Campus News

November 9, 2011

Piedmont Project infuses sustainability into curriculum

Faculty in the Piedmont Project learn about local ecosystems firsthand through field trips and woods walks. (Photo by Anne L. Hall)

Throughout its 10-year existence, the Piedmont Project has become a national model for faculty development and curricular innovation around sustainability. The program offers conferences for multi-disciplinary brainstorming around sustainability issues; experiential learning about place; and educational exercises designed to help faculty develop new courses or modules for existing courses.

Since 2001, the project has sustained a continuing interest with more than 400 faculty nationwide participating in the program. As a result, thousands of students are affected annually by new or revamped courses taught by Piedmont Project cohorts.

Piedmont Project alums, like Samuel Candler Dobbs Professor of Sociology Robert Agnew, have discovered creative ways to incorporate sustainability into their curriculum on a full-time basis.

In Agnew’s course “The Sociology of Climate Change,” students are challenged to examine the social consequences and causes of climate change and how sociologists might facilitate a more effective response to this issue. Students also study ways to change certain behaviors that impact climate change.

“Climate change is perhaps the greatest threat that humanity has faced,” says Agnew. “Sociology can play a major role in the response to this issue, because the obstacles to action are largely social in nature.”

Workshop continues momentum

The Center for Faculty Development and Excellence (CFDE) has worked in tandem with the Piedmont Project since 2008 by encouraging active involvement inside and outside the classroom.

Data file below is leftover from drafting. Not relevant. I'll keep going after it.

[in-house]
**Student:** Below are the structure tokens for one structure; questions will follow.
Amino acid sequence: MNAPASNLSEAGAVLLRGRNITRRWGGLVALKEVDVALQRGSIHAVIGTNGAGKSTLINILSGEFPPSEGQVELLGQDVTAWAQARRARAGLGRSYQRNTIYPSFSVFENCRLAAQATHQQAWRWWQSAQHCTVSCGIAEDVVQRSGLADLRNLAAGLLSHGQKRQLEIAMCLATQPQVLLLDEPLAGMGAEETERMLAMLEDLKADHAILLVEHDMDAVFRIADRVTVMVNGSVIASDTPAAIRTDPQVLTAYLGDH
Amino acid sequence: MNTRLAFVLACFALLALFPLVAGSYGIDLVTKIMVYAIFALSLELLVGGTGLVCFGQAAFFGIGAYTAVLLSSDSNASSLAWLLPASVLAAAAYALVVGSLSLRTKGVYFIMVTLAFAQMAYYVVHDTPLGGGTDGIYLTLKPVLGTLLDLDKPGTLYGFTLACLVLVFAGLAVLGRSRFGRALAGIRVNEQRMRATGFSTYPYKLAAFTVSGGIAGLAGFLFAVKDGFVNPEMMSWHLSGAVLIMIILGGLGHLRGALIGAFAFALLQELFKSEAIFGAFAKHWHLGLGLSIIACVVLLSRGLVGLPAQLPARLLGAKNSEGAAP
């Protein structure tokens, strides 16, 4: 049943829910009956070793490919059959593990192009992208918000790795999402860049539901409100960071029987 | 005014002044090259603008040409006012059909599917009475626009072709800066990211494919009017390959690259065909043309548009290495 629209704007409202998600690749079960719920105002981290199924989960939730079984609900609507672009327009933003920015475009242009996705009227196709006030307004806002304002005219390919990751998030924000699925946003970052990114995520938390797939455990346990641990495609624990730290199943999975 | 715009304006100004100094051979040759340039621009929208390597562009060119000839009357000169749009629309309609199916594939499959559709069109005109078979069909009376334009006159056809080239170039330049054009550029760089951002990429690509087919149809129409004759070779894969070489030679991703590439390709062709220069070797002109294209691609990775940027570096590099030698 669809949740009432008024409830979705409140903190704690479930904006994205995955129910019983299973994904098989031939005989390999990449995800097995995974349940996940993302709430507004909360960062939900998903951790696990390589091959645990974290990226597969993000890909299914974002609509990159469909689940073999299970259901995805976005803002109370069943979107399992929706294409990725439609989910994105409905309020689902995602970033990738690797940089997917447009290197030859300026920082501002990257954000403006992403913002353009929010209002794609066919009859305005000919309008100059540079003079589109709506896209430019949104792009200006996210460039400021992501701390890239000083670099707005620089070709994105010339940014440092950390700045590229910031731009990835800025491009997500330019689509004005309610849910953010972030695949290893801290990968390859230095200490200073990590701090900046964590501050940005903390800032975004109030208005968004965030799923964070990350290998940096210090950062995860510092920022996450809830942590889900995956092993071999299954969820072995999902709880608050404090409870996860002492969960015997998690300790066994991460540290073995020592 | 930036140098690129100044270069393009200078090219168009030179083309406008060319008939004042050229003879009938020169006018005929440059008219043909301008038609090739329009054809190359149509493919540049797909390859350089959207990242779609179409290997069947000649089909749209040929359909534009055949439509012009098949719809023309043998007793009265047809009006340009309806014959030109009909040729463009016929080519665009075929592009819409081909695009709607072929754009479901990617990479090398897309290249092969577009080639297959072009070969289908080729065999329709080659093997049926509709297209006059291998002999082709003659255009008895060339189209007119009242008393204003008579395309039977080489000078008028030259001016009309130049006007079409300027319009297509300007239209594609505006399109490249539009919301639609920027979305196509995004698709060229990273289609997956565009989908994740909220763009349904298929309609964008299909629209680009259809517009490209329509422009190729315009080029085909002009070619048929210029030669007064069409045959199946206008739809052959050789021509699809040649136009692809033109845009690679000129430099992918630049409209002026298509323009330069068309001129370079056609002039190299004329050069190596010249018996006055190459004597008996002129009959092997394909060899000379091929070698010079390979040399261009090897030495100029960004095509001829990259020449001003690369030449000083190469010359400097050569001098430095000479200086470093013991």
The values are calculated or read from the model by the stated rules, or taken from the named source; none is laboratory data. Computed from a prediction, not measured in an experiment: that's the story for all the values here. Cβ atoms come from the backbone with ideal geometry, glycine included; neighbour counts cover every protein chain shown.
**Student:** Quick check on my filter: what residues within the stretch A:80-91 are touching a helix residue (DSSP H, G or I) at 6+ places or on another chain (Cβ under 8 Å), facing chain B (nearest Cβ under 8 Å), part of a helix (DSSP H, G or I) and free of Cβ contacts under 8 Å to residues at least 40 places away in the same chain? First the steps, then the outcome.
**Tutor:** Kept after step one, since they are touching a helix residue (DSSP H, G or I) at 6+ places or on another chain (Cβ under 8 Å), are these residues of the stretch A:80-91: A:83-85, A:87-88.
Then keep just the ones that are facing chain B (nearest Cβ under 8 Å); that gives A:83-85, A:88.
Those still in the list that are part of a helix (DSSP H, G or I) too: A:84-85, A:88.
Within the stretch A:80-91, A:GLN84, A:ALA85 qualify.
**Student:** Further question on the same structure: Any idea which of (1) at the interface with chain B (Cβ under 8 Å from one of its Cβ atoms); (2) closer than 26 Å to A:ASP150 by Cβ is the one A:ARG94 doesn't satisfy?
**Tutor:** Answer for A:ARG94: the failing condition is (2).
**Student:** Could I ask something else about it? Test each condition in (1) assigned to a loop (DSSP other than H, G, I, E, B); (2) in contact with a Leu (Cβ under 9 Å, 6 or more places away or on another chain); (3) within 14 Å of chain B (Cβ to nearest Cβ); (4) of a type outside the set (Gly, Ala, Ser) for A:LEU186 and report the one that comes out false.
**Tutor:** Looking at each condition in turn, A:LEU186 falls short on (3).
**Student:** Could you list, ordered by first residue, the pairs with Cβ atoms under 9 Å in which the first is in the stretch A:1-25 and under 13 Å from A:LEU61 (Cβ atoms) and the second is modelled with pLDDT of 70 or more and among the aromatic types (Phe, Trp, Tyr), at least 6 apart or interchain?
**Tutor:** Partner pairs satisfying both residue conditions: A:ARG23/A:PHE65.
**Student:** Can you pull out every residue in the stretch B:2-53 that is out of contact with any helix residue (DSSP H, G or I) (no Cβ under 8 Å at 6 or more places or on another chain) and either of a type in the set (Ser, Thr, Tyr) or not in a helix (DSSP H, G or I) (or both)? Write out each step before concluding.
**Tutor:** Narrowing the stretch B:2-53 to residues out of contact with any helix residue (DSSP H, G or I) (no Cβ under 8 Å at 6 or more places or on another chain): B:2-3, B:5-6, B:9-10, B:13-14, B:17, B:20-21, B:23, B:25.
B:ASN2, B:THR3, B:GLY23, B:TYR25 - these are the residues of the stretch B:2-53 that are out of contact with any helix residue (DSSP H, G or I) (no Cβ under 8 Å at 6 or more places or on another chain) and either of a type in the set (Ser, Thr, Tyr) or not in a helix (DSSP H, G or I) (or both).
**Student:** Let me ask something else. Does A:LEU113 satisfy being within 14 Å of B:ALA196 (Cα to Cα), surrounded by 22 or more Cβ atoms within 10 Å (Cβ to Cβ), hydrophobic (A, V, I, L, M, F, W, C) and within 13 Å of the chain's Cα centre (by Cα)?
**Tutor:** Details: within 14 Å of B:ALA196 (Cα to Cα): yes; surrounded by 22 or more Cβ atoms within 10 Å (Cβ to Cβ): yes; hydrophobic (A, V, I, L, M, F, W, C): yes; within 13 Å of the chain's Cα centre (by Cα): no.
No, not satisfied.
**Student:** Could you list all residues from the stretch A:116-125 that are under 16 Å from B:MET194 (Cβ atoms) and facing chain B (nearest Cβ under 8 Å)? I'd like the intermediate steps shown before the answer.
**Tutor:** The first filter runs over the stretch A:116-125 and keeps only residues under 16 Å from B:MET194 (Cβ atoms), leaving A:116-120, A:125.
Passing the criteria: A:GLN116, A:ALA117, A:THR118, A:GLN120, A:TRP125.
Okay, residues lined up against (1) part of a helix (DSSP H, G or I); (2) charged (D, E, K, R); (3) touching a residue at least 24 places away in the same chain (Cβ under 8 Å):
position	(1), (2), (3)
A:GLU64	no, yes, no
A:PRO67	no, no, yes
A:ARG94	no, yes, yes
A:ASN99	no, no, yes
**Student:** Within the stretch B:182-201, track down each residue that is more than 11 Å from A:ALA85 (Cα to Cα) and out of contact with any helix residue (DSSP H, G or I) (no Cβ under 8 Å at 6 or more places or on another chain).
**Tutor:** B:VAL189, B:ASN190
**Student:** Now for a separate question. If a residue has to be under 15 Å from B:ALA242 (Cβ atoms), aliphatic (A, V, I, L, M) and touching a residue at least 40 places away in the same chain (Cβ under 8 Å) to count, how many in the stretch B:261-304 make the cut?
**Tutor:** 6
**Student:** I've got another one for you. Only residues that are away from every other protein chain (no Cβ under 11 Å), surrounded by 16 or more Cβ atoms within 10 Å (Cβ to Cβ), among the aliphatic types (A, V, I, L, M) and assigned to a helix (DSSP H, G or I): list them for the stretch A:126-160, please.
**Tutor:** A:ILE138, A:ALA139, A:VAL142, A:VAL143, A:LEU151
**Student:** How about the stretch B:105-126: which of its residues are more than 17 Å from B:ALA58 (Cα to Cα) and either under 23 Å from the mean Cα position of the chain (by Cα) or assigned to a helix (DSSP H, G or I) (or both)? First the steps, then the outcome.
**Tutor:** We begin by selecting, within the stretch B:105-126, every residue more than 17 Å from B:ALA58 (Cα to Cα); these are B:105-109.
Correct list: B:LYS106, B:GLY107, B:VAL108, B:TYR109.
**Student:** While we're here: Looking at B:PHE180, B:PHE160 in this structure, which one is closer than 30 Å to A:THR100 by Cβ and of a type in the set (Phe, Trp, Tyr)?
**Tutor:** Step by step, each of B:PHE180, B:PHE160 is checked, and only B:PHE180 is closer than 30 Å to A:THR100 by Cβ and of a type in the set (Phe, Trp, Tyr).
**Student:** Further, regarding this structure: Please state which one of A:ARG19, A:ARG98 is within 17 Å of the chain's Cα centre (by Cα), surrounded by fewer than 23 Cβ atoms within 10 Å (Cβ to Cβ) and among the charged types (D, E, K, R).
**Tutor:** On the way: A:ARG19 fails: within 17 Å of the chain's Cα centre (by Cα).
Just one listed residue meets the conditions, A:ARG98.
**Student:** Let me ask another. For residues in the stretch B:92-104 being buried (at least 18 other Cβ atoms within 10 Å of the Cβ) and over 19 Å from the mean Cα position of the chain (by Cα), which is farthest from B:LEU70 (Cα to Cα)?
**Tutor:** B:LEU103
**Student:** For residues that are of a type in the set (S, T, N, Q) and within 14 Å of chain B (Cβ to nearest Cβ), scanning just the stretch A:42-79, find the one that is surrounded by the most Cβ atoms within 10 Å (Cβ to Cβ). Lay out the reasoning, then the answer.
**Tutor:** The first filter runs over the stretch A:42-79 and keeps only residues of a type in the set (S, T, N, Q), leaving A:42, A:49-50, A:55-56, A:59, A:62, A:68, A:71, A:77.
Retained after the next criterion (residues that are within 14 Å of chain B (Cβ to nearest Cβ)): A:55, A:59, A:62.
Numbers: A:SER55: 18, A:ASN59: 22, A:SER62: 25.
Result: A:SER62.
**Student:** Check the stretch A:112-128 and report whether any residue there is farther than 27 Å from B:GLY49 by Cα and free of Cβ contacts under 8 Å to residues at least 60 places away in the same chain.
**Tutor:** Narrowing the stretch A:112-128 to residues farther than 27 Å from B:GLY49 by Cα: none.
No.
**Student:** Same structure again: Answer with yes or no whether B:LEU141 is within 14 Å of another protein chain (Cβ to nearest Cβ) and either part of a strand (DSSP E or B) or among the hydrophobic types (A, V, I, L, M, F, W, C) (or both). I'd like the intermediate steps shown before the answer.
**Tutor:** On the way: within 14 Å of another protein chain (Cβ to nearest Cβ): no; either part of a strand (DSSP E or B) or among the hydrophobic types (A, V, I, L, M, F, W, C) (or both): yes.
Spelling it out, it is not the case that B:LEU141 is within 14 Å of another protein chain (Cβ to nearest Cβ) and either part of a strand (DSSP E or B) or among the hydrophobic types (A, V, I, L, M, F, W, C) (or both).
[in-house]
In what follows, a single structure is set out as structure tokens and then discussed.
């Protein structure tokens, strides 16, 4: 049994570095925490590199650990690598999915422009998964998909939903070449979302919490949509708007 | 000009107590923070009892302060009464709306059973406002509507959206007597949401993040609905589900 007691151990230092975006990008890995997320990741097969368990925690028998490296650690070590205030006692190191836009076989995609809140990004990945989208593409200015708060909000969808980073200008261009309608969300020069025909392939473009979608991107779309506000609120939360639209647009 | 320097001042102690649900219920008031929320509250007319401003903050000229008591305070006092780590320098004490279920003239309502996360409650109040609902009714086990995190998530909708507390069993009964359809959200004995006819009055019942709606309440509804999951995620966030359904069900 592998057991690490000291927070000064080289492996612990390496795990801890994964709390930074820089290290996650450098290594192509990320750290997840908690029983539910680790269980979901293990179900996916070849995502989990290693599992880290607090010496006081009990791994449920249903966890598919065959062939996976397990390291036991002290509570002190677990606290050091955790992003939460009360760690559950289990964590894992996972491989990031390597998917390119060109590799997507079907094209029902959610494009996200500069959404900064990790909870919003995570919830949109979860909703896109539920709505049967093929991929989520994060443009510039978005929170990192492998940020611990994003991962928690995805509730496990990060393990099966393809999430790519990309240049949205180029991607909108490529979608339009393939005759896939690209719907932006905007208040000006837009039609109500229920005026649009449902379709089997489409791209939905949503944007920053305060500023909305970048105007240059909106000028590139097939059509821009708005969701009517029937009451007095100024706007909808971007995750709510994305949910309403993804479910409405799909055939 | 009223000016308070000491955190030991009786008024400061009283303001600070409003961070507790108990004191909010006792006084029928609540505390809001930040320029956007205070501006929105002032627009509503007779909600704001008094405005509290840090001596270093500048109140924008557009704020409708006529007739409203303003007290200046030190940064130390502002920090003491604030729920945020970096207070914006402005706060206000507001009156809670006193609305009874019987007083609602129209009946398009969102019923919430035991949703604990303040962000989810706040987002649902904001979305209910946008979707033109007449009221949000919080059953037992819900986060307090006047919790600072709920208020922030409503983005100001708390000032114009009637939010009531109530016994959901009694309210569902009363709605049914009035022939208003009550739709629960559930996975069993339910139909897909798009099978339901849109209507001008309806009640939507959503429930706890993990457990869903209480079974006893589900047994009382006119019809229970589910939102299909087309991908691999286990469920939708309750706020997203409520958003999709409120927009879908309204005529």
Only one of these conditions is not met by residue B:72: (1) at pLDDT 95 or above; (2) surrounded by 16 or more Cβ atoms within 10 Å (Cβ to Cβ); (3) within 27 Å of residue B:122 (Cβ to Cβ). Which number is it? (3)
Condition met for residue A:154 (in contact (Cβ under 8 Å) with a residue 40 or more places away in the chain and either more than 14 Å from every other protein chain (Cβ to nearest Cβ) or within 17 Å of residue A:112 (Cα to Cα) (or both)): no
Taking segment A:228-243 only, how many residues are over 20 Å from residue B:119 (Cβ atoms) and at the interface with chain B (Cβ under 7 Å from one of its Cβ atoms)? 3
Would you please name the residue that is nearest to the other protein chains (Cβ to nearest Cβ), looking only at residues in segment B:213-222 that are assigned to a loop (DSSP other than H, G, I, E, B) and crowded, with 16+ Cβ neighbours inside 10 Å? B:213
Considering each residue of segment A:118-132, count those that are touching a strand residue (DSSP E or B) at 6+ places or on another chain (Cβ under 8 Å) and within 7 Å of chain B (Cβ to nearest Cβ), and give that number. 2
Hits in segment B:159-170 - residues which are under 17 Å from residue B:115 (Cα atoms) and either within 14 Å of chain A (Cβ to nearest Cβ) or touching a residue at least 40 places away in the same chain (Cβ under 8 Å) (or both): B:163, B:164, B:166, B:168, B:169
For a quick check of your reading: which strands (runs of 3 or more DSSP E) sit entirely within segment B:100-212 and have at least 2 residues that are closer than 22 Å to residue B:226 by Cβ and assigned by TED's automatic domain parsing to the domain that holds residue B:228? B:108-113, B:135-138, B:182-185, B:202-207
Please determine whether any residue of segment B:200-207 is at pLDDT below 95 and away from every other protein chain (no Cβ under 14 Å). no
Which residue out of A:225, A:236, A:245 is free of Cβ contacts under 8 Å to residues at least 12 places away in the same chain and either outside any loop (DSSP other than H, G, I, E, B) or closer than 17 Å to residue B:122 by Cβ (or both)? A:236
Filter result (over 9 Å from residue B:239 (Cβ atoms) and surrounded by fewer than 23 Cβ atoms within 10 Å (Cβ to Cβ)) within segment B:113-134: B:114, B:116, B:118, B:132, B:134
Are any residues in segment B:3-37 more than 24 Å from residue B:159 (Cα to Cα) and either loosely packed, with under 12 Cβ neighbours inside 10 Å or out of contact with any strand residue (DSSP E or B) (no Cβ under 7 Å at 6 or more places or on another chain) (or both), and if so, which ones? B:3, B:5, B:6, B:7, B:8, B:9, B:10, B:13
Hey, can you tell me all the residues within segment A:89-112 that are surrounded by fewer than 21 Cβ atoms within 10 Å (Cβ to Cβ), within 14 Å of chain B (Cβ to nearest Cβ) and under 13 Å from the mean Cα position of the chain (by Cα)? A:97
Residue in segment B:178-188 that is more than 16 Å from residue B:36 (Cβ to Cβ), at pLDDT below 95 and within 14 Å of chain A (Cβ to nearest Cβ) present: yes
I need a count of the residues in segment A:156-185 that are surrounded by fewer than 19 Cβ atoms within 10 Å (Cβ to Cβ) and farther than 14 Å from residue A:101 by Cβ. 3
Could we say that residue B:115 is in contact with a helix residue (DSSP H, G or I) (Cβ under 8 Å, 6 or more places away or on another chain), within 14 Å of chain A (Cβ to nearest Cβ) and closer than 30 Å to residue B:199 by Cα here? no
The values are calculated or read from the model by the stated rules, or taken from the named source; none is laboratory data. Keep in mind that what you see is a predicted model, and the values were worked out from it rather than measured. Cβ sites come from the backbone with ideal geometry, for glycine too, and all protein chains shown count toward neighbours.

During a seminar in early November, Piedmont Project alumni from all 10 years came together in a workshop to share their experiences and explore approaches on how to better embed sustainability into the curriculum in the future.

“Piedmont II: Embedding Sustainability into the University” was presented by the CFDE and supported by the Office of Sustainability Initiatives and others. Piedmont graduates examined the history, definition and dilemmas of sustainability; explored teaching strategies for sustainability; and investigated emerging research clusters and connections across the University.  

“This two-day workshop is one way to keep the sustainability educational efforts for faculty alive and thriving,” says Steve Everett, CFDE director and professor of music composition.

“We examined ways to further the future of sustainability and faculty involvement and explored techniques to design new courses,” he says. 

Piedmont Project recognized nationally

A Piedmont Project founder, Goodrich C. White Professor of Anthropology Peggy Barlett, was recently honored with the inaugural Faculty Sustainability Leadership Award from the Association for the Advancement of Sustainability in Higher Education for her efforts to develop these annual workshops.

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